One of the most conspicuous uses of materials is architectural cladding. It’s also among the most demanding applications, given the challenges of moisture penetration, heat transfer, UV degradation, and more. New materials not only offer striking visual effects while meeting these challenges, but they also provide creative strategies related to energy conservation and material optimization. High-performance concretes do away with steel reinforcing and reduce thermal conductivity. Metal, glass, and ceramics are profiled and shaped, adding structural rigidity even as less material is used. Responsive shading materials actively reduce solar heat gain while permitting views. The objective in architectural skins today is achieving more with less.

Zaragoza Bridge Pavilion, Zaha Hadid Architects
From Transmaterial 3, Blaine Brownell, Princeton Architectural Press, 2010 Zaragoza Bridge Pavilion, Zaha Hadid Architects

Glass-fiber-reinforced concrete
Rieder Faserbeton-Elemente FibreC is a lightweight, high-performance concrete that requires no steel reinforcement. A special extrusion process incorporates layers of fiberglass into a concrete matrix; in the top layer and underlayer, the fibers are undirected and scattered, and in the medium layer they take the form of roofings (fiber bundles). The omission of steel reinforcement allows the construction of slim concrete elements that are highly stressable despite being extremely thin-walled. The result is a slab 0.3 to 0.5 inches (8 to 13 millimeters) thick, which is very lightweight, yet has a high flexural strength. FibreC slabs are fabricated in different colors before being hardened for 28 days. Owing to its formability, the so-called concrete skin offers flowing transitions from interior to exterior surfaces and a smooth covering for edges and corners. As fibreC can be used for all surfaces, traditional spatial boundaries disapper, and interior and exterior conditions may be treated similarly.

High Line 519, Roy Design
From Transmaterial 3, Blaine Brownell, Princeton Architectural Press, 2010 High Line 519, Roy Design

Vault-Structured Metal
Ultralight patterned metal panels
Dr. Frank Mirtsch Numerous phenomena can be observed in nature that are the result of controlled self-organization. Bionic vault-structuring is a method to generate a three-dimensional pattern in metallic sheets. Thanks to the controlled self-organization arrangement, a minimum of plastic deformation is required for forming the patterns. Because of their high rigidity, vault-structured, three-dimensional facet-structured components can be produced in stainless steel with greatly reduced wall thickness. Vault-structured materials, even if thin and lightweight, are highly resistant to bending and to stress caused by thermal expansion, and they have other advantageous properties with application potential for lightweight structures. When flow bypasses three-dimensional profiled surfaces, there is a higher convective heat and mass-transfer coefficient compared with smooth surfaces.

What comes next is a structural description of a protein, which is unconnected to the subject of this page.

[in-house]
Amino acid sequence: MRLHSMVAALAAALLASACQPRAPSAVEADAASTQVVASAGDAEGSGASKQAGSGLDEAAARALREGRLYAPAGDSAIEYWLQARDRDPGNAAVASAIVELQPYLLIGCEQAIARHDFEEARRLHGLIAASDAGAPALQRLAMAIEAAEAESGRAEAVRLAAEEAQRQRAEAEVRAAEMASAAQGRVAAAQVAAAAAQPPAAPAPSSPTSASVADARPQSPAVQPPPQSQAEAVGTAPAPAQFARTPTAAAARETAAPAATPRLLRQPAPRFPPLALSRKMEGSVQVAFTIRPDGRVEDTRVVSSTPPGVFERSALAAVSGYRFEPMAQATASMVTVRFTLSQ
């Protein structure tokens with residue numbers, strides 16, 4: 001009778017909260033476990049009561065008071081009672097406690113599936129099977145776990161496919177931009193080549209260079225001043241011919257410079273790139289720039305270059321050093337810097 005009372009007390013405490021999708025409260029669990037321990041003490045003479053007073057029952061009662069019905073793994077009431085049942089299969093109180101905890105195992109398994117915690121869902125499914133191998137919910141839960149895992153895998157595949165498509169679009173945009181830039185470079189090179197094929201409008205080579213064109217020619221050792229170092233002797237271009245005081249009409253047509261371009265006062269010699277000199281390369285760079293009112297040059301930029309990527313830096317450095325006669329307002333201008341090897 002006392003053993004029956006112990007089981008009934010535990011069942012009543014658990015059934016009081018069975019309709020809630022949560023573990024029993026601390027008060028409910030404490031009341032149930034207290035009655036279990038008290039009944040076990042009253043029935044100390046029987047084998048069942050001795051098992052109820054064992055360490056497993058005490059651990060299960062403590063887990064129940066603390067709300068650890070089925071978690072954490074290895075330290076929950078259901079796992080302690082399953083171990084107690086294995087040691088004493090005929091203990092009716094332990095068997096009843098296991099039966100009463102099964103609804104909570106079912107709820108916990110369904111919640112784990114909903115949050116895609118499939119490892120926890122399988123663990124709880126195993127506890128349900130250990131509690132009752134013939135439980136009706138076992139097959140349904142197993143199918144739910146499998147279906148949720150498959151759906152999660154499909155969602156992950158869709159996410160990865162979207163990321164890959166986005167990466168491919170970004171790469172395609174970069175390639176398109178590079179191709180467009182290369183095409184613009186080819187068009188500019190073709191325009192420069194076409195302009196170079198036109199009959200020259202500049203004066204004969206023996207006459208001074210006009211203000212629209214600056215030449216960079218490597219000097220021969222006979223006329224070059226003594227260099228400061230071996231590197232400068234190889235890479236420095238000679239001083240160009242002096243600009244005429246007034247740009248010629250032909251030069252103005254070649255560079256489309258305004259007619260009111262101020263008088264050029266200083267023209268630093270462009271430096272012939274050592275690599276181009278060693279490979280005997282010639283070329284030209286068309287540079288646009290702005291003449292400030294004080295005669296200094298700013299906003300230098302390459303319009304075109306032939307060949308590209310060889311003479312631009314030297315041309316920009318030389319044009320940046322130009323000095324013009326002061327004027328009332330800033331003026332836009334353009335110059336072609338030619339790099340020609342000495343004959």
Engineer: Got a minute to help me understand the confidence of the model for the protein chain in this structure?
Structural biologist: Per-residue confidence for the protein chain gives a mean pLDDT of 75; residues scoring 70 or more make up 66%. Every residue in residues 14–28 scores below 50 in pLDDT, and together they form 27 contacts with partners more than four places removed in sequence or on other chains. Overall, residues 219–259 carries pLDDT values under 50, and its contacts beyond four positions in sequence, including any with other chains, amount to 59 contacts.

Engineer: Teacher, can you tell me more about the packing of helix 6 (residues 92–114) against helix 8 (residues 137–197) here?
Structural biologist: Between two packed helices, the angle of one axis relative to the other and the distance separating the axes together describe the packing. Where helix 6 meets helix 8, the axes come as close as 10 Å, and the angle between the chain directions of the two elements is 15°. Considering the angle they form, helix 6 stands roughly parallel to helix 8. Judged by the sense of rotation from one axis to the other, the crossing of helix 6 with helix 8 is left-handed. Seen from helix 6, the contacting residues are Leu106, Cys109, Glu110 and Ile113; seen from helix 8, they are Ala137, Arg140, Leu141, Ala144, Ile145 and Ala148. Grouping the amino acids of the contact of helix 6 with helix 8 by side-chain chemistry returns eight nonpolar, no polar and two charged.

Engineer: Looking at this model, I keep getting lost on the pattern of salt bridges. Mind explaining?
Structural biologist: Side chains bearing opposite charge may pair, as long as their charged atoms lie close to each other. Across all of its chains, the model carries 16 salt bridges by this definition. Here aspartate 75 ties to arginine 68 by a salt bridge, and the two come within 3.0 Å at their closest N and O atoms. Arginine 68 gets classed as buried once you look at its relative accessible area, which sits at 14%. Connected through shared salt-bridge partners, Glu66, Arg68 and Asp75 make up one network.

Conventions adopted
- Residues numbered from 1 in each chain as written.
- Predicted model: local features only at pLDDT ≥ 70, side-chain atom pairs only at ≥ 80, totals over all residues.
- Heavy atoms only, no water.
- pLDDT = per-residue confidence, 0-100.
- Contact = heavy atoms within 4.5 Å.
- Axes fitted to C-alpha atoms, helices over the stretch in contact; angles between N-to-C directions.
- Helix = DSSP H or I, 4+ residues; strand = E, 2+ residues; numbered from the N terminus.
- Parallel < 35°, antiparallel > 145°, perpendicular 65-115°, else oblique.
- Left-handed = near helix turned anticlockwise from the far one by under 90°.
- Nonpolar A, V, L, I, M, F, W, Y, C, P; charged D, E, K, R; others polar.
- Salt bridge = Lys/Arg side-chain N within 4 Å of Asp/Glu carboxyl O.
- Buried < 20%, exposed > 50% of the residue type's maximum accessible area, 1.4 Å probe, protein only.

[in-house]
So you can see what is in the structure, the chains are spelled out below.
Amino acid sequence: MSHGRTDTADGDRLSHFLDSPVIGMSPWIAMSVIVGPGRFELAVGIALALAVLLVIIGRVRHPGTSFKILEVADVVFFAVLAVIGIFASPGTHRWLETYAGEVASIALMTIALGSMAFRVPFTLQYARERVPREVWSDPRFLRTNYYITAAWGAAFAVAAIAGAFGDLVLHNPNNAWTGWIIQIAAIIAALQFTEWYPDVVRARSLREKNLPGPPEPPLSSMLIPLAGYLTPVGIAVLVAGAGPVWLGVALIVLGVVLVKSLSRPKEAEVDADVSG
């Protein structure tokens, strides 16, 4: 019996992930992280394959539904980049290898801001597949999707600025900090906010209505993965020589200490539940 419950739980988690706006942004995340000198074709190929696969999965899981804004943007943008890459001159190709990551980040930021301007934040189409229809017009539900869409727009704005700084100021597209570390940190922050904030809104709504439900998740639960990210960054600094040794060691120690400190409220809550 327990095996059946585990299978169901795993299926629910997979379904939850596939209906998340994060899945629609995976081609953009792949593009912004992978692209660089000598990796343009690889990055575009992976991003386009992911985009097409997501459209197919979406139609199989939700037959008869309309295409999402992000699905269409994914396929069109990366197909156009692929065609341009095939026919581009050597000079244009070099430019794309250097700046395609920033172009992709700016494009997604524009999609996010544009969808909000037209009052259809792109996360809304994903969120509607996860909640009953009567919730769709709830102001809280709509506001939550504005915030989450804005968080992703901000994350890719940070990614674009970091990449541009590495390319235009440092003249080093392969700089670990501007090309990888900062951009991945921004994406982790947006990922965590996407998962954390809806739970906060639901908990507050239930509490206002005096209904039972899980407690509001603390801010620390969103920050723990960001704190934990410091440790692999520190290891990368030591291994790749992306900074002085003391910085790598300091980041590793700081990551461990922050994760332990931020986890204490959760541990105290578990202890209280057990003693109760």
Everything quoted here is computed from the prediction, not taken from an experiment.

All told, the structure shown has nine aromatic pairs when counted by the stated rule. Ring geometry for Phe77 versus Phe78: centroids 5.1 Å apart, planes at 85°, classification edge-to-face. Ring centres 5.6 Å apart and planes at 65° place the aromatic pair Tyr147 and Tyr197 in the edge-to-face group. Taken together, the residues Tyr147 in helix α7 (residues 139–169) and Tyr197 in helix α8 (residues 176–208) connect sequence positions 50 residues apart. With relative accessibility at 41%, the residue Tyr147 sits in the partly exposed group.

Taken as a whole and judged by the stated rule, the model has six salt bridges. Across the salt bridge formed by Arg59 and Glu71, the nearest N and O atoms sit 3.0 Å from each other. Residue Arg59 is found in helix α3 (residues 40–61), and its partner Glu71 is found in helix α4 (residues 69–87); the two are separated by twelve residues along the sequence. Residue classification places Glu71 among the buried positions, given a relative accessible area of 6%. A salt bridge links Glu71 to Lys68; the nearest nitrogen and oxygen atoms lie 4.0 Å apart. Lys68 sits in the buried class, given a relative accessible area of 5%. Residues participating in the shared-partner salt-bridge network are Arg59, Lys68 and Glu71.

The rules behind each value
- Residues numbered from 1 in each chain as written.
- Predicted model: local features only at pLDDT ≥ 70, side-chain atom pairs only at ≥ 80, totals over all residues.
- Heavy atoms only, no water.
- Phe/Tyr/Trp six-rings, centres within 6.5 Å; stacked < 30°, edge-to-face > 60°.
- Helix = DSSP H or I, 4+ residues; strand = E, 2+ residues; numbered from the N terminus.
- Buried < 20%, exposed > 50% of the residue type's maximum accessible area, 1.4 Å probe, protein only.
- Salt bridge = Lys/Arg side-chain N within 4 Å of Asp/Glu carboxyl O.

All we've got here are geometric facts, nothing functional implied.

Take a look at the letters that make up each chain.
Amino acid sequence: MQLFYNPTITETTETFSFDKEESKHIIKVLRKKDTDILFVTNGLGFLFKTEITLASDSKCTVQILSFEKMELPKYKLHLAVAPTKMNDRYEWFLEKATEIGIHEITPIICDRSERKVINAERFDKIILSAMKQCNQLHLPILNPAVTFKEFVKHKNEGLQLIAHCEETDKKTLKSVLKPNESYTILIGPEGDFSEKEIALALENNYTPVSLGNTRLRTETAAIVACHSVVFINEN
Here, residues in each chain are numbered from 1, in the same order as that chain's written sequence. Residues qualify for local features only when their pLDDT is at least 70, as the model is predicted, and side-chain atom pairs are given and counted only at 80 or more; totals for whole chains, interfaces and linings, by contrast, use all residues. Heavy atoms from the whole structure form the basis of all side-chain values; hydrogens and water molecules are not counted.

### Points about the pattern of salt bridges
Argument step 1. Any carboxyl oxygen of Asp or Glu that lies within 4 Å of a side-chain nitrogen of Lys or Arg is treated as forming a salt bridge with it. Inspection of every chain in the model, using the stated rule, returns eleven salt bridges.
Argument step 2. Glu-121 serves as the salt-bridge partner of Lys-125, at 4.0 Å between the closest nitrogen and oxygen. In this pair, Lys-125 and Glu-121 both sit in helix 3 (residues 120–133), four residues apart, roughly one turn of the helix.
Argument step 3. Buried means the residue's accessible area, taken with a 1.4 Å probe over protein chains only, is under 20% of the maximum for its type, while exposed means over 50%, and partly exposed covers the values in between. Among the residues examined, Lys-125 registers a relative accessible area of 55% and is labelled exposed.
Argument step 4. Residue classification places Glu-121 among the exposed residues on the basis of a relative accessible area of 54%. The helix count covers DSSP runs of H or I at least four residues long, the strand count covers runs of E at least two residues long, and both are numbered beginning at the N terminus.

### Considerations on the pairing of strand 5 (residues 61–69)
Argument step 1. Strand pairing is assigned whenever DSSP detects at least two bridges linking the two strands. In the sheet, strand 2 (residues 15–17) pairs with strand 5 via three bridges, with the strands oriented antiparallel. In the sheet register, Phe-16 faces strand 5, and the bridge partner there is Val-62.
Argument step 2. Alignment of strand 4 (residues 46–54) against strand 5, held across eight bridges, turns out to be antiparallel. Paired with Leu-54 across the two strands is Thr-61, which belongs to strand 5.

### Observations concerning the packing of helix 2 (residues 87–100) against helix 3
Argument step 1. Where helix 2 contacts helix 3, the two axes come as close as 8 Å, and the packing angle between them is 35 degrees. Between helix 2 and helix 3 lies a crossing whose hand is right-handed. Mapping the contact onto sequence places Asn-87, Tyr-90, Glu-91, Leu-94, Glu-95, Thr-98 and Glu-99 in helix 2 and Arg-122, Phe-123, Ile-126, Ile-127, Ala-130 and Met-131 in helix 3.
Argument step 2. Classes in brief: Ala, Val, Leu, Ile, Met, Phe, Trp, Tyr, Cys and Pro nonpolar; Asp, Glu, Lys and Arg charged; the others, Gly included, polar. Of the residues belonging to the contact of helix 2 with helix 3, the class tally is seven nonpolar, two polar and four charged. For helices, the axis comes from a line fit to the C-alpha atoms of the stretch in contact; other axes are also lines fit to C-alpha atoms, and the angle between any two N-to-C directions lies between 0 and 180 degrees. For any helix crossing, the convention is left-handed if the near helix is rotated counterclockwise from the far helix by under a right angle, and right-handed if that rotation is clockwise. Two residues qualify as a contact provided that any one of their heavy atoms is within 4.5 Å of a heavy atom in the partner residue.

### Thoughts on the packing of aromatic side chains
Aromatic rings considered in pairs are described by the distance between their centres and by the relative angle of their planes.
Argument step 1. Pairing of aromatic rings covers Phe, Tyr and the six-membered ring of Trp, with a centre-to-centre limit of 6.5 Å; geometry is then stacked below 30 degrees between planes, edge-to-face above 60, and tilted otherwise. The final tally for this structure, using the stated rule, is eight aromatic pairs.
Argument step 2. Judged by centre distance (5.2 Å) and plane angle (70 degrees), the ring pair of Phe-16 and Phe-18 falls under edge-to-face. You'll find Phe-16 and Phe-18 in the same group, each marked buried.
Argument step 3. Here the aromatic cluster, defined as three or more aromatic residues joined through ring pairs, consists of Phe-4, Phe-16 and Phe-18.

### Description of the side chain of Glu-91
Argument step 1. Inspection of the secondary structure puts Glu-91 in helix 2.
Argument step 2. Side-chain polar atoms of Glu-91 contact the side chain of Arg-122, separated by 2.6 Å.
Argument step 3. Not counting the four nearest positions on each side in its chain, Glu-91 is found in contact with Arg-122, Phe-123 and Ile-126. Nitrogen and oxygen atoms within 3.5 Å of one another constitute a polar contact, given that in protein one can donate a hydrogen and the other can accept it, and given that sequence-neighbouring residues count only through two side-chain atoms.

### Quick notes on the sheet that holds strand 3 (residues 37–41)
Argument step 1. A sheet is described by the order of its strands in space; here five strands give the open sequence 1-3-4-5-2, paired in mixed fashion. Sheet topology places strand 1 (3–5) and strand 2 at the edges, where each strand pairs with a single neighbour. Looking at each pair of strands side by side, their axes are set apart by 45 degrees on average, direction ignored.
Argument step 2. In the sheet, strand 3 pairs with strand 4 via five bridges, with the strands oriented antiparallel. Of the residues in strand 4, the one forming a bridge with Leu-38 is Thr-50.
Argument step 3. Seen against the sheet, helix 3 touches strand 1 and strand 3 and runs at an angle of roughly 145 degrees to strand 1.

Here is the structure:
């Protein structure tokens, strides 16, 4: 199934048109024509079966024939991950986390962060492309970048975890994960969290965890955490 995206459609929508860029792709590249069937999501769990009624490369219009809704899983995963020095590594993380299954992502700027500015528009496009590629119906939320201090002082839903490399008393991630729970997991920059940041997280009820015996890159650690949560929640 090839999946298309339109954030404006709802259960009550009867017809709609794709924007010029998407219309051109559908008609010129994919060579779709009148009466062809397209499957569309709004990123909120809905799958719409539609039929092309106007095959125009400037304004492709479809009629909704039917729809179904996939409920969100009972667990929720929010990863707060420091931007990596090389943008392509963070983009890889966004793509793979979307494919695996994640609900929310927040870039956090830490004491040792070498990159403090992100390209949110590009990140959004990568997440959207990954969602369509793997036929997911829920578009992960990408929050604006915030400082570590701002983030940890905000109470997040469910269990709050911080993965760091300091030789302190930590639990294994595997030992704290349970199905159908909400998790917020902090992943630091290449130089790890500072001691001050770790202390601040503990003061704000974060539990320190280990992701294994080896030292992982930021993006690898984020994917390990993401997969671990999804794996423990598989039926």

GreenPix Installation, Simone Giostra & Partners
From Transmaterial 3, Blaine Brownell, Princeton Architectural Press, 2010 GreenPix Installation, Simone Giostra & Partners

Zero-energy media wall
GreenPix GreenPix is the first zero-energy media wall, absorbing solar energy during the day to power displays at night. The panels can be used to create stunning media effects on very large building envelopes that are viewable from both inside and outside the building. Designed by the architecture firm Simone Giostra and; Partners, GreenPix is a transparent media wall for dynamic content display, including playback videos, interactive performances, and live and user-generated content. Its “intelligent skin” interacts with building interiors and outer public spaces using embedded, custom-designed software, transforming the building façade into a responsive environment for entertainment and public engagement. GreenPix allows daylight into the building while reducing its exposure to direct sunlight. The photovoltaic density pattern increases the building’s performance, allowing natural light when required by the interior program, while reducing heat gain and transforming excessive solar radiation into energy for the media wall. The photovoltaic system can be connected to local battery storage or to the grid, and power can be sold back to the electric company.

Holt Renfrew store, Janson Goldstein and Front Inc.
From Transmaterial 3, Blaine Brownell, Princeton Architectural Press, 2010 Holt Renfrew store, Janson Goldstein and Front Inc.

Convex Series—Shapes
Geometric cast glass
Nathan Allen Glass Studios Exploiting the potential for enhanced dimensionality in glass, Nathan Allen has developed new production methods for tempering and laminating their Convex Series. Developed in partnership with Janson Goldstein and Front Inc. of New York City, this new glass may be profiled with various geometric patterns to create an undulating, multifaceted surface. Convex Series glass can be produced as single-layered glass panels from 1/4 inches to 3/4 inches (.6 centimeters to 1.9 centimeters) thick and can be safety tempered as well. It is available in clear and low-iron glass. Cast textures and privacy coatings are also available.

Sensitive Apertures
From Transmaterial 3, Blaine Brownell, Princeton Architectural Press, 2010 Sensitive Apertures

Sensitive Apertures
Cellular ceramic light apertures
Ben McDonald Sensitive Apertures is a modular slip-cast ceramic building skin designed to admit a small quantity of light through a refractive glass aperture. This opening redirects sunlight onto the inside surface of the cell, projecting an even, luminous glow to the interior space. The 1 percent open apertures admit levels of light desired for interior circulation zones as well as insulate a building from solar heat gain and loss.